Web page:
The most important matchup in the NFL on Sunday isn't on the league's schedule. The Los Angeles Rams vs. the Los Angeles Chargers. The teams will be playing 12 miles apart, with the Rams taking on the Washington Redskins at Los Angeles Memorial Coliseum at 4:25 p.m. ET and the Chargers facing the Miami Dolphins at StubHub Center in Carson at 4:05 p.m. ET.
LOS ANGELES — The Los Angeles Rams trailed 13-7 at Los Angeles Coliseum on Sunday, and Robert Murillo, a season ticketholder, said he was worried. Not about the score. “Every time I turn on the radio these days,” Murillo told USA TODAY Sports, “I hear the Chargers promoting themselves.”That would be the Los Angeles Chargers — sorry, San Diego — and Sunday heightened the battle for L.A.’s NFL fans.
J.J. Watt's fund for Hurricane Harvey victims in Houston raised more than $37 million before it was closed Friday at the request of the NFL star, according to YouCaring, the company that handled the online donations. "If there is one thing that I have taken away from these last few weeks, it is the reassurance of how much good is out there in our world,'' wrote Watt, an All-Pro defensive end for the Houston Texans, in a message on his fund's page at YouCaring.com.
Muck Rack makes it simple to find people, tweets, or articles that mention any name, keyword, company, hashtag etc. We've compiled this guide to help you make the most of your search.
Selecting a term
Start searching tweets, articles from media outlets, articles mentioned in tweets, journalists'
names, titles and bios with some suggested searches:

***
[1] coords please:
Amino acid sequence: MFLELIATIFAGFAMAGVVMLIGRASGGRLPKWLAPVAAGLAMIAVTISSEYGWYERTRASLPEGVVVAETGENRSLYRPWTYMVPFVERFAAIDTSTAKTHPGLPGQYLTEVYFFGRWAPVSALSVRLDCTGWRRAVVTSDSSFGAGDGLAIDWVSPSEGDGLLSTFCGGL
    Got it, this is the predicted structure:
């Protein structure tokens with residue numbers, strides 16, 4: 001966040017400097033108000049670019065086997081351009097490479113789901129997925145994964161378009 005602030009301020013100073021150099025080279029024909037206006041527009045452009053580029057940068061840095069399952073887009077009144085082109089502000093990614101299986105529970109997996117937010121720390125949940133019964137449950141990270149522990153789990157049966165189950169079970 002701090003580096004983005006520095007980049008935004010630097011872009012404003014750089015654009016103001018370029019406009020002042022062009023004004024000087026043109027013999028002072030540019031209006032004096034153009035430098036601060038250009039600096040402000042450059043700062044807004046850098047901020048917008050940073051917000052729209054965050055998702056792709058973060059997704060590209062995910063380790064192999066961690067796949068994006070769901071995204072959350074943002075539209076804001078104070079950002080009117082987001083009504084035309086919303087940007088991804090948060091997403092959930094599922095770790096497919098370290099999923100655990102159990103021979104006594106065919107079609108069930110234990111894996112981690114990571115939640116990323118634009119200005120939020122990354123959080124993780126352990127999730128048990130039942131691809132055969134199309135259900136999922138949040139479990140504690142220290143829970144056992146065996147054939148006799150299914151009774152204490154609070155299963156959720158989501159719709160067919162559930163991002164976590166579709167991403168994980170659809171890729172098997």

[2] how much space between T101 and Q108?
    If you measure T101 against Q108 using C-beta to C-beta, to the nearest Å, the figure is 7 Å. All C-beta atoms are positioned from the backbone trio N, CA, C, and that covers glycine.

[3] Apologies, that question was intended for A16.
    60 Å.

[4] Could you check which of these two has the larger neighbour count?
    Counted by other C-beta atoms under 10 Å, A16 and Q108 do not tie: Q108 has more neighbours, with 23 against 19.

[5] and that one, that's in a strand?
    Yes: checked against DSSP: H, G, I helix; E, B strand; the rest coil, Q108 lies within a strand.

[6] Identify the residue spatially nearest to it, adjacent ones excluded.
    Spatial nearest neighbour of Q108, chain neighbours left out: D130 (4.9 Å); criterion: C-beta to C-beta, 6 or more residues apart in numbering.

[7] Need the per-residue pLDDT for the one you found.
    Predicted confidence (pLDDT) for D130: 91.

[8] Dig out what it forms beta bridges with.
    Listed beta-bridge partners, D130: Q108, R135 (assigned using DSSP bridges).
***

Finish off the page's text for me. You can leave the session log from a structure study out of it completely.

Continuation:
Companies or Topics (e.g. iPhone, Microsoft)
Phrases (e.g. "cloud computing") — use quotes to keep the terms together
Twitter handles (e.g. @username) — returns those who have mentioned or replied to
Names (e.g. "David Pogue")
Hashtags (e.g. #sxsw, #london2012)
Bio details (e.g. vegan, Olympics, father)
Muck Rack's Advanced Search allows for many boolean operators.
Find results that mention multiple specified terms, use AND or
+. For example, ensure each result contains both Elon Musk and Mark Zuckerberg by
searching Obama AND Romney or Obama + Romney.
Use the operators OR or , to broaden your search when you'd like either of
multiple terms to appear in results. (This is the default behavior of our search when no operators
are used.) For example, search for democrat OR republican to find results that refer to
Democrats and/or Republicans.
Use NOT or - to subtract results from your search. For
example, searching Disney will yield results about the Walt Disney Company as well as Walt Disney
World Resort. To exclude mentions of Disney World, search for Disney -World or Disney
When using one of these operators with a phrase, enclose it in quotation marks. For example, you can
find results about smartphones excluding Apple's iPhone 4S by searching smartphone -"iPhone
Exact case matching or punctuation
If you're searching for a brand name or keyword that relies on specific punctuation marks or capitalization, you can
find results that match your exact query by adding matchcase: before the keyword you're searching for, like matchcase:E*TRADE .
Use parentheses to separate multiple
boolean phrases. For example, to find journalists talking about having fun in Disney World or
Disneyland, search for ("disney world" OR disneyland) AND fun.
An asterisk can be used to search for any variation of a root word truncated by the asterisk. For example, searching for admin* will return results for administrator, administration, administer, administered, etc.
A near operator is an AND operator where you can control the distance between the words. You can vary the distance the near operation uses by adding a forward slash and number (between 0-99) such as strawberries NEAR/10 "whipped cream", which means the strawberries must exist within 10 words of "whipped cream".